Ask The Readers – Cut Short Maternity Leave To Save Money?

by Mike Holman

I recently received an email from a reader called Ermyntrude*.   She is having a baby (congrats) and is worried about the loss of income resulting from an extended maternity leave.

We are trying to plan our finances so I’ll be allowed to take a full year off but, since I earn at least double what my husband does, we might have to get creative to make that happen.  We are good savers, but the large disparity in our incomes concerns me and I am going to prepare myself for a 6-month mat leave after which time, maybe my husband could take his 37 weeks parental leave.

We discussed a number of EI-related rules*, but her big concern was having to shorten the mat leave.

I was sort of thinking I would be back to work after 6 months or so because I think most mat leave top-up periods are only 6 months (though if I could negotiate the full year, I sure would try!), and because my salary is considerably higher than my husband’s, we might find things a bit tight after the top-up is finished.  Ideally, though, I’m hoping that if we save enough by trimming costs and diverting a portion of my current RRSP contributions to more liquid savings vehicles (e.g. TFSA, other savings account once TFSA maxed), we might be able to swing it….more number crunching ahead!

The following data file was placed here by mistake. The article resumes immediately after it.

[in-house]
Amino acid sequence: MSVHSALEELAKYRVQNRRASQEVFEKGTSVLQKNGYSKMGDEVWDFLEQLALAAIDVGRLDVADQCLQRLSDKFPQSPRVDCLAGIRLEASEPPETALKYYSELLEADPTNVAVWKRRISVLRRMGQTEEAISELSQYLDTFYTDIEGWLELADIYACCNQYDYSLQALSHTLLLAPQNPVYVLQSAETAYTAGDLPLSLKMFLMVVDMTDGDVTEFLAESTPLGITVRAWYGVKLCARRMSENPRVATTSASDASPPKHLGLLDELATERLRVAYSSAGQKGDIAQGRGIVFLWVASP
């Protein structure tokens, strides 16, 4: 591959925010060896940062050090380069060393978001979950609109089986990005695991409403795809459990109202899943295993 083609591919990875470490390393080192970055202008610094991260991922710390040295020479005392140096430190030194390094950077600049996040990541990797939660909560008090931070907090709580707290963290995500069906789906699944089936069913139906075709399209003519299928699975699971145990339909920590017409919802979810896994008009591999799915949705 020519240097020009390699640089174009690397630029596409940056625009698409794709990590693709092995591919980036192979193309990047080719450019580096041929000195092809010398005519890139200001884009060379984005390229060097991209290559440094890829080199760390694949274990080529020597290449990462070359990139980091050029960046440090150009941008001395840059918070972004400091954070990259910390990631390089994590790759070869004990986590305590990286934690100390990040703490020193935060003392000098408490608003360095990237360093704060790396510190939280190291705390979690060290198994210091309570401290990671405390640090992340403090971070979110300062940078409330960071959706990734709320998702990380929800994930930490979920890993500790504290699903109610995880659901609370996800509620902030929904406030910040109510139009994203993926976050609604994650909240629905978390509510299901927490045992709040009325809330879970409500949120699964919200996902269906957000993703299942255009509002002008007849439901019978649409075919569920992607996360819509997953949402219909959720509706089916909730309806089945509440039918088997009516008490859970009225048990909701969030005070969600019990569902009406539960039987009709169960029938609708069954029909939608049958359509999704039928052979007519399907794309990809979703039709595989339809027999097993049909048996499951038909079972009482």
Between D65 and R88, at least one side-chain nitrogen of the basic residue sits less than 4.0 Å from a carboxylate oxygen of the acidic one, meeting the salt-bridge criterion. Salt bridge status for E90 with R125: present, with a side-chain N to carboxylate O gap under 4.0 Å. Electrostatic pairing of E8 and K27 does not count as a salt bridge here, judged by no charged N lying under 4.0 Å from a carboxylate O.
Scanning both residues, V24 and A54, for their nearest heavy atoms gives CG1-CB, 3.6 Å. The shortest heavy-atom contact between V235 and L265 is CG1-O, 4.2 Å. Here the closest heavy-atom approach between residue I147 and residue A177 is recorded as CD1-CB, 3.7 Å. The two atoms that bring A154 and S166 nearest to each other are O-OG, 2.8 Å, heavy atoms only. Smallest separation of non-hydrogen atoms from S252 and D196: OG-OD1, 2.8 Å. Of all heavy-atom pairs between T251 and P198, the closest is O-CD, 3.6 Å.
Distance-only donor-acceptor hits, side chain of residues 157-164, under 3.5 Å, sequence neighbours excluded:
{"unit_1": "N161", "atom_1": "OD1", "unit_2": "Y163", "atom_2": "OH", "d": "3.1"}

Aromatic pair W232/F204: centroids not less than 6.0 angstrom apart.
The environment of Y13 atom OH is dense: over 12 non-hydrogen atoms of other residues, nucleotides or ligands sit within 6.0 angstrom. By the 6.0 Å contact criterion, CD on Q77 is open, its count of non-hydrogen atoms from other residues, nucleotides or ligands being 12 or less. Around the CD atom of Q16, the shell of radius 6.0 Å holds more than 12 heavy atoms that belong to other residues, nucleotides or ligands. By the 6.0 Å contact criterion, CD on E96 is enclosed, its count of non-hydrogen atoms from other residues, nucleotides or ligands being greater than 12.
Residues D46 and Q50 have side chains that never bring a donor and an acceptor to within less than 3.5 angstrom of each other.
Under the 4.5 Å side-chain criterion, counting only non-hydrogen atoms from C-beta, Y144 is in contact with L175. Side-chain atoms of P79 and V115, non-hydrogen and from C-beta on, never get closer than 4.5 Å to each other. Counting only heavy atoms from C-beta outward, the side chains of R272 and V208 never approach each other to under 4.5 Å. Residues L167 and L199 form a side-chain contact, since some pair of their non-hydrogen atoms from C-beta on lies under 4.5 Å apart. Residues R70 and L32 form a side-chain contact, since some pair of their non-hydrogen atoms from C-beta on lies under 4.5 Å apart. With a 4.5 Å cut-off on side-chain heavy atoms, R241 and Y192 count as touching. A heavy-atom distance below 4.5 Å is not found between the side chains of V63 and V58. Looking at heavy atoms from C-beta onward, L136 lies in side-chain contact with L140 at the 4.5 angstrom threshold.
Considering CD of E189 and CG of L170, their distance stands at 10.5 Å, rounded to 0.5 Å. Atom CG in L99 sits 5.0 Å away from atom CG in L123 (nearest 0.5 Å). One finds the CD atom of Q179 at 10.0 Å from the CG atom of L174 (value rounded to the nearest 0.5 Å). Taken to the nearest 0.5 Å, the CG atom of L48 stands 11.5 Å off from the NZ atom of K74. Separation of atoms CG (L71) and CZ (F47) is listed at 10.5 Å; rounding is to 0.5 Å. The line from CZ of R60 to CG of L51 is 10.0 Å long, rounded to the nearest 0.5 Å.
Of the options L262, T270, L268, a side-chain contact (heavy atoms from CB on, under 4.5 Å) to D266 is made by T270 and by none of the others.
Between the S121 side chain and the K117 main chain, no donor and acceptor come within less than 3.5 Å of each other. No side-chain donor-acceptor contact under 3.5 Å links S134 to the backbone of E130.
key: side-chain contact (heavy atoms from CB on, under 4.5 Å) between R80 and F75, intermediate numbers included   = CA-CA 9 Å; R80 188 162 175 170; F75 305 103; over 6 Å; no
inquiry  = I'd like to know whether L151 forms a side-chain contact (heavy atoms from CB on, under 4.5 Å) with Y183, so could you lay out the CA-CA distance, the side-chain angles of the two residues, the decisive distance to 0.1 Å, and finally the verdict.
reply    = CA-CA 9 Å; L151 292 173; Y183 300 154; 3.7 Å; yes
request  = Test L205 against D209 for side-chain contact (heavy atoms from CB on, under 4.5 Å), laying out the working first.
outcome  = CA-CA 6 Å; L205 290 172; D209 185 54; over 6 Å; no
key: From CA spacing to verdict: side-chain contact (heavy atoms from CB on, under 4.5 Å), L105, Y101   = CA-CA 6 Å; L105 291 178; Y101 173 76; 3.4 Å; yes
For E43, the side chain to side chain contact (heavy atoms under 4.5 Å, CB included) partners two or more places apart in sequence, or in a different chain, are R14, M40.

My answer

If you want my honest advice – take as much time as you possibly can and don’t worry about the money.  You won’t regret it.

Readers – what do you think?  Should Ermyntrude take a year off and deal with the money later?  Or just take 6 months and keep the family finances on solid footing?

*Names have been changed for privacy.

One of the rules we discussed is the most commonly misunderstood rule about maternity and parental leave in Canada – Parents do NOT have to share the time off.  Mommy can take a year off, Daddy can take 37 weeks.  They can do it at the same time or not.

Read my post about maternity and parental leave rules in Canada.

EI( Employment Insurance) payments on the other hand, have a total 50 weeks worth of payments which can be paid to one parent or shared between two.

Reader Mark sent me an email this morning asking why parents with twins aren’t eligible for 50 weeks of EI each?  Good question.

[end edit]

Be Sociable, Share!